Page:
Inspiration continues to elude me when it comes to blog posts. So today’s a bit of a mish-mash.
Adrienne of Middlemay Farm recently nominated me for the Dragon Loyalty Award. Having made the difficult decision (okay, all decisions are difficult for me) to go award free, I won’t forward this one or provide random facts about me (you know how difficult that is, too). But I will highlight Adrienne’s blog, in case you aren’t familiar with it.
Adrienne is, in her words, “a writer, living in the country, who milks goats, chases chickens and sometimes keeps the dogs off the table while writing books about the Weldon and Crenshaw families of Gilded Age Englewood, New Jersey.” Her first novel, The House on Tenafly Road was selected as an Editors’ Choice Book by The Historical Novel Society.
If you haven’t yet stopped by to see her amazing array of historical photographs and thoughts, please do so. (Historical in that sentence is really meant to modify only the photographs, not her thoughts!)
Although fewer than normal, the comments from people who did check in on last week’s tidbit from Summer at the Crossroads were encouraging. I was so glad to see that the tension factor was there. They got me thinking, though, about how we interpret character behavior cues provided by the author. I think most people picked up on Kathryn’s discomfort with the situation. Yet, I wonder if the cues I provided (and continue to provide in the scene) will be interpreted the same way by all readers. Will everyone recognize by the end of Chapter One that Kathryn is simply an ______________?
For some reason, I recently remembered an event from kindergarten, which was, shall we say, sometime in the 20th century for me. And I got to wondering what it said about my five-year-old self’s thought processes.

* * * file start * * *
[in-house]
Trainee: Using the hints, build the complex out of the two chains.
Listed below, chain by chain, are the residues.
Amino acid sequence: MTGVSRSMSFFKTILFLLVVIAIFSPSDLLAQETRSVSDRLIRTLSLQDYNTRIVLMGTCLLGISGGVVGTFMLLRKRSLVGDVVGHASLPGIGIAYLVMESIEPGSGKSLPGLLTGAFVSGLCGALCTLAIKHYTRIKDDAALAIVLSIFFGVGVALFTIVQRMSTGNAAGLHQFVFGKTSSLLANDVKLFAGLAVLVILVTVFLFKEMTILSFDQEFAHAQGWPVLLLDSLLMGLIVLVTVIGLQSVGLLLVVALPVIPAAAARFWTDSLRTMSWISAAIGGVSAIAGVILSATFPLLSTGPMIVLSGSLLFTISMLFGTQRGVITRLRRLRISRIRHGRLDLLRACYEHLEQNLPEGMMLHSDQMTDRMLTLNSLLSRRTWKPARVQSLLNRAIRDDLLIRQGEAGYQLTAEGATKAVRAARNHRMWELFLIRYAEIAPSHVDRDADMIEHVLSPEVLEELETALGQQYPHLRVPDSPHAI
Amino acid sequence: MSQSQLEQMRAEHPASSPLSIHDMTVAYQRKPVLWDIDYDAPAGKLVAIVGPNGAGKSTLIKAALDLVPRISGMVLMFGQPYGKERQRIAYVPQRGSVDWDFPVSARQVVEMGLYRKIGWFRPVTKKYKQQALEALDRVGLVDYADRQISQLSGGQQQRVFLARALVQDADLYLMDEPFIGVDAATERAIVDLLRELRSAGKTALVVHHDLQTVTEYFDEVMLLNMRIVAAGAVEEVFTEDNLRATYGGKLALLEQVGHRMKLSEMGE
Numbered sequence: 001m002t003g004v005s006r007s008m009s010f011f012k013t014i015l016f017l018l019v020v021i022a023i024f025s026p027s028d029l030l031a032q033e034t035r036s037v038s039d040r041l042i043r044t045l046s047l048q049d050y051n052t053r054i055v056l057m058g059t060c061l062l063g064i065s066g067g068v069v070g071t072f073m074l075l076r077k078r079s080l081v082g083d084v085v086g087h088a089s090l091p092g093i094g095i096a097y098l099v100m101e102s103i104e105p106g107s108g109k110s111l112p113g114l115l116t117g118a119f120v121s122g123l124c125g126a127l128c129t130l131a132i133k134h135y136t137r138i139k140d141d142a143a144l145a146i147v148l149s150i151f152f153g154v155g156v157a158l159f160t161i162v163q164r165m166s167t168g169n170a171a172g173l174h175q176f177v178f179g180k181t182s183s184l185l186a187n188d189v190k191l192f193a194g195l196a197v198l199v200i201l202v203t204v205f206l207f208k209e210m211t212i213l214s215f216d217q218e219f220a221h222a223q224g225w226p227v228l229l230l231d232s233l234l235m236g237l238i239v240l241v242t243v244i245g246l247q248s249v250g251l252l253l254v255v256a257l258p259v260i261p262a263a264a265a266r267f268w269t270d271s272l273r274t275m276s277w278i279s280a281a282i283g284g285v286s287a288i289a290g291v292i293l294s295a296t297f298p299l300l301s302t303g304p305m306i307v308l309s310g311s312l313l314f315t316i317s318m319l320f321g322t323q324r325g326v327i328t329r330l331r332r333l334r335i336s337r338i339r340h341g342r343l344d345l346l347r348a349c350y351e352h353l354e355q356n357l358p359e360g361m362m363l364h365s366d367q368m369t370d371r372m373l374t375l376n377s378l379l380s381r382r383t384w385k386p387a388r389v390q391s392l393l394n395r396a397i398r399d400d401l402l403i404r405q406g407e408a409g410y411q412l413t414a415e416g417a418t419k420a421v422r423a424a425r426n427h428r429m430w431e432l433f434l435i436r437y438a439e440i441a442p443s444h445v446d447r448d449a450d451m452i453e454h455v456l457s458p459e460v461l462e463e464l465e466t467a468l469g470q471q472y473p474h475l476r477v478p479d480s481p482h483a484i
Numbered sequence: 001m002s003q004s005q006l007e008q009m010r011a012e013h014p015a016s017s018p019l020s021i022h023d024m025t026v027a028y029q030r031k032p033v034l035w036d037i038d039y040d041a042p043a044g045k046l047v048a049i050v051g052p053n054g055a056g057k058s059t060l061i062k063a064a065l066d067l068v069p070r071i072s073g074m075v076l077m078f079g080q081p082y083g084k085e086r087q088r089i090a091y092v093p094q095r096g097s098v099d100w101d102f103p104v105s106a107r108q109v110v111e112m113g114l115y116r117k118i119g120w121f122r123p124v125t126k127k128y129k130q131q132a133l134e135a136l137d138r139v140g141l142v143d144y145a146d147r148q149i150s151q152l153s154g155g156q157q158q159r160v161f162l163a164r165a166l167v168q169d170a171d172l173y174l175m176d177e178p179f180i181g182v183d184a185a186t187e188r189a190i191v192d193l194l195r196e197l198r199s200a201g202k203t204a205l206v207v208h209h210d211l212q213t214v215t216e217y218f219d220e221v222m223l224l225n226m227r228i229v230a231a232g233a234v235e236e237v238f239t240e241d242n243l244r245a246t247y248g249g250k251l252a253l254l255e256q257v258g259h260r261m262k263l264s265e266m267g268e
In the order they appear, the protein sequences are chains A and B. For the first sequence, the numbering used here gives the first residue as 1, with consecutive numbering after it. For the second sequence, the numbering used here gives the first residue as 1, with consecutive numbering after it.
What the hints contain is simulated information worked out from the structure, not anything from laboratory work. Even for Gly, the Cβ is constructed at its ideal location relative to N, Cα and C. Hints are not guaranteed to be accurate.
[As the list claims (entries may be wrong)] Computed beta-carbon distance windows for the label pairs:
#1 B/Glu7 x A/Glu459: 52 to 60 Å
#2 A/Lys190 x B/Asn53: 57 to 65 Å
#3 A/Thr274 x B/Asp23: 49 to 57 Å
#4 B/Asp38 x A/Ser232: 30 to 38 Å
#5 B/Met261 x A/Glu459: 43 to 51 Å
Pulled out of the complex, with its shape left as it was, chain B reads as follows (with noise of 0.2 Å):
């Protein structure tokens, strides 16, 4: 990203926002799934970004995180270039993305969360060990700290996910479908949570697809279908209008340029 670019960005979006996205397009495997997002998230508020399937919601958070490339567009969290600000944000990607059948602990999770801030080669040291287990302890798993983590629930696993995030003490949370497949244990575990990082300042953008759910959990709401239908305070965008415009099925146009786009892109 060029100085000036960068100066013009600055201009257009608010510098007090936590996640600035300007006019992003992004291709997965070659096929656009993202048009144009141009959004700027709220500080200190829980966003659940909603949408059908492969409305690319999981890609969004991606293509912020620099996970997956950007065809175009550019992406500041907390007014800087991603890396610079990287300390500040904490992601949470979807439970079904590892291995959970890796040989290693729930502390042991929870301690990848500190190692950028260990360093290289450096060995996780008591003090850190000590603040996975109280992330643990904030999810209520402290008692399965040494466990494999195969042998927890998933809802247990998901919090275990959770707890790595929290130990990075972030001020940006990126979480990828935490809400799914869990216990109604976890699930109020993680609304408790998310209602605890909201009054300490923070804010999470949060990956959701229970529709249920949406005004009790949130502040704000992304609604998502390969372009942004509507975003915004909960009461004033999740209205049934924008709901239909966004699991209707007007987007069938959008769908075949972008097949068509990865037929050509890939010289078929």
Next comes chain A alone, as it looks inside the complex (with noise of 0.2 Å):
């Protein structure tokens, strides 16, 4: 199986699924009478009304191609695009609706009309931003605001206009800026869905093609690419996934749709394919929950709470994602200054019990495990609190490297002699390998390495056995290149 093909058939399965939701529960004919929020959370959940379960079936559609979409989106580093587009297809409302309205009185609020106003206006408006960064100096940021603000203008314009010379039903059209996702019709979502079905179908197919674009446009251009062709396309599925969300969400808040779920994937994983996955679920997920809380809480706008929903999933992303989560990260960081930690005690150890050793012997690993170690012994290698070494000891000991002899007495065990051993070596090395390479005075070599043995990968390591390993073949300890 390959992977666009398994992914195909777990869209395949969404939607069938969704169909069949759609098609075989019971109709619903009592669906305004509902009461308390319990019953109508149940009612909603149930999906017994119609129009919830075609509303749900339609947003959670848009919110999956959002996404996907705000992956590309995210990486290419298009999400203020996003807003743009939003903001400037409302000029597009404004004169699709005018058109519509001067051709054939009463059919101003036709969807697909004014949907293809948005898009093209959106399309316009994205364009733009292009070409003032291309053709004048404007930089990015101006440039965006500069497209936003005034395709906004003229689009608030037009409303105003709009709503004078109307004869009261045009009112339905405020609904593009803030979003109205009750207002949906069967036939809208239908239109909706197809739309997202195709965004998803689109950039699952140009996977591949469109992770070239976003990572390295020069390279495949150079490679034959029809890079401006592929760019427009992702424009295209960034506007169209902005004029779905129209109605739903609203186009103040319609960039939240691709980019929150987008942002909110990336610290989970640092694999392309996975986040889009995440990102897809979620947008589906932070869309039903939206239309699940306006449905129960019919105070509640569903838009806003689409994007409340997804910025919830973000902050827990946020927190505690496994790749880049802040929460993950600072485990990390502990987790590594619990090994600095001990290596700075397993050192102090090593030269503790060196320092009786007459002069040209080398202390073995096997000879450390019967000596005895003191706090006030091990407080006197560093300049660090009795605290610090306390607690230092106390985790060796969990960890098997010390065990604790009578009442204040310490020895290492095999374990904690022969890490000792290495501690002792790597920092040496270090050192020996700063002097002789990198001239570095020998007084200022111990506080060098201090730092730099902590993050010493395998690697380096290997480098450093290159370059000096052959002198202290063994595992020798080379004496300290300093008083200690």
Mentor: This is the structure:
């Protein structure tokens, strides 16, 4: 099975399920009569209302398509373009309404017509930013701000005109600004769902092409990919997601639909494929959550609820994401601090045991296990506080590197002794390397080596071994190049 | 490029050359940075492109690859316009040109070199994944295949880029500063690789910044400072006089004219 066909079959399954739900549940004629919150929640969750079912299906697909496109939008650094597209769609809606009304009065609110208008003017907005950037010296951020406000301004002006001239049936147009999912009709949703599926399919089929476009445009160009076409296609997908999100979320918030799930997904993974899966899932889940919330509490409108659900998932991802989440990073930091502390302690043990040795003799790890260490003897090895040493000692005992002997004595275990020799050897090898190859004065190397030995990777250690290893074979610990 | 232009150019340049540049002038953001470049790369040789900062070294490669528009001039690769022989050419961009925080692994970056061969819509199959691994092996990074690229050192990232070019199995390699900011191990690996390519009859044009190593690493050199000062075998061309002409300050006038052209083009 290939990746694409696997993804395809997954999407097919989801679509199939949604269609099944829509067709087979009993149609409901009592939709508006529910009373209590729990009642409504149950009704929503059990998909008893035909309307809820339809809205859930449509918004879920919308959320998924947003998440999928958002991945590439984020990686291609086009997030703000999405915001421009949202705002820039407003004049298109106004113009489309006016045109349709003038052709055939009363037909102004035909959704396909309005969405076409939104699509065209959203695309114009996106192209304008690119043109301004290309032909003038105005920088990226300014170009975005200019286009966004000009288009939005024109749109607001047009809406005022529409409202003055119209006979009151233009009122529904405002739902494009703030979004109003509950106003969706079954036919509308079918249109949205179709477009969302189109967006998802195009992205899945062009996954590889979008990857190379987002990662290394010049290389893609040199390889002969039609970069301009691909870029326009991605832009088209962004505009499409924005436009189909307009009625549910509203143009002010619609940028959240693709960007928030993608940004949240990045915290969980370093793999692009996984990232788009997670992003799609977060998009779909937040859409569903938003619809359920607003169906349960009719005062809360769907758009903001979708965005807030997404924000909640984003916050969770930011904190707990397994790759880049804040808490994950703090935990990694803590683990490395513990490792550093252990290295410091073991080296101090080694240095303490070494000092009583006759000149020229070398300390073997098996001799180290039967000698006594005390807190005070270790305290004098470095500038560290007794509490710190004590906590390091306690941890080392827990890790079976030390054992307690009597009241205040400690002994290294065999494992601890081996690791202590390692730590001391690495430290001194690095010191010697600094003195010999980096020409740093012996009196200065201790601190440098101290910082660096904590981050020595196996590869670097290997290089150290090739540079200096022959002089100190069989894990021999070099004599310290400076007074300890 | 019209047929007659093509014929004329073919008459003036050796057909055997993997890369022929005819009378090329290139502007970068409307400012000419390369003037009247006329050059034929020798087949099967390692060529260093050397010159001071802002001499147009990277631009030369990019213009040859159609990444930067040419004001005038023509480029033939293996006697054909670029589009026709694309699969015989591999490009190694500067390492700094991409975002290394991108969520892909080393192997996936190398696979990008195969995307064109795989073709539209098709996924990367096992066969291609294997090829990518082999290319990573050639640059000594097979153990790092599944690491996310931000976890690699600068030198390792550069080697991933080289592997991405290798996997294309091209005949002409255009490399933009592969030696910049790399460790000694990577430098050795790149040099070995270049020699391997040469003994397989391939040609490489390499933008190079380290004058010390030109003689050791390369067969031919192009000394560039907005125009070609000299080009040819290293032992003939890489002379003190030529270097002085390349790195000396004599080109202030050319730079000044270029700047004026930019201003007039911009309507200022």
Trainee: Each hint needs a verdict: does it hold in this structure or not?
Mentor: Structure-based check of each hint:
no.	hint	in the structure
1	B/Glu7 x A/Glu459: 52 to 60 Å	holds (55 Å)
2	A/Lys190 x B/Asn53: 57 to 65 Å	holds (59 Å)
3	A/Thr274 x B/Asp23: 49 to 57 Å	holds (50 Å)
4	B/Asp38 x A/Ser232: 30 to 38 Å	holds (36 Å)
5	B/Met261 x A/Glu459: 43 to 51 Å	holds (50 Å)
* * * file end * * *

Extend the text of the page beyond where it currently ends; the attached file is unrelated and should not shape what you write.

Maybe some of you had something similar. At our “activity table,” there were three buckets filled with water and labeled as below. A variety of objects of different weights, densities, and sizes were near them, similar to this:
The idea, of course, was that we would pick up an object and place it in the bucket marked “???”.
If it floated, we would move it—you guessed it—to the bucket marked “float.” If it sank? Obvious—into the “sink” bucket it went. Easy peasy, right?
Well, enter me and my first crack at the table. I knew what the three buckets meant to my teacher. But what did I do? Er, something a lot like this:
It made perfect sense to me to dump everything in the “sink” bucket first. Then, I picked out whatever floated and put it in the “float” bucket.
I can still remember the teacher’s rather bemused reply. “Well, that’s a different way to do it.” I was probably the first student in her years of teaching who had ever approached the “problem solving” from that angle.
In that brief moment, five-year-old me may have channeled Alexander the Great, who, legend has it, approached the Gordian Knot in a similar manner. According to one version of the legend, the knot could not be unraveled, and Alexander solved the problem by slicing it with his sword.
I assure you, that was likely the sole similarity between me and the world-conquering Macedonian. And I prefer to think of it not as cheating but as thinking outside the box.
So would you have met my teacher’s expectations with the buckets? Or did your kindergarten self think in ways that surprised the adults?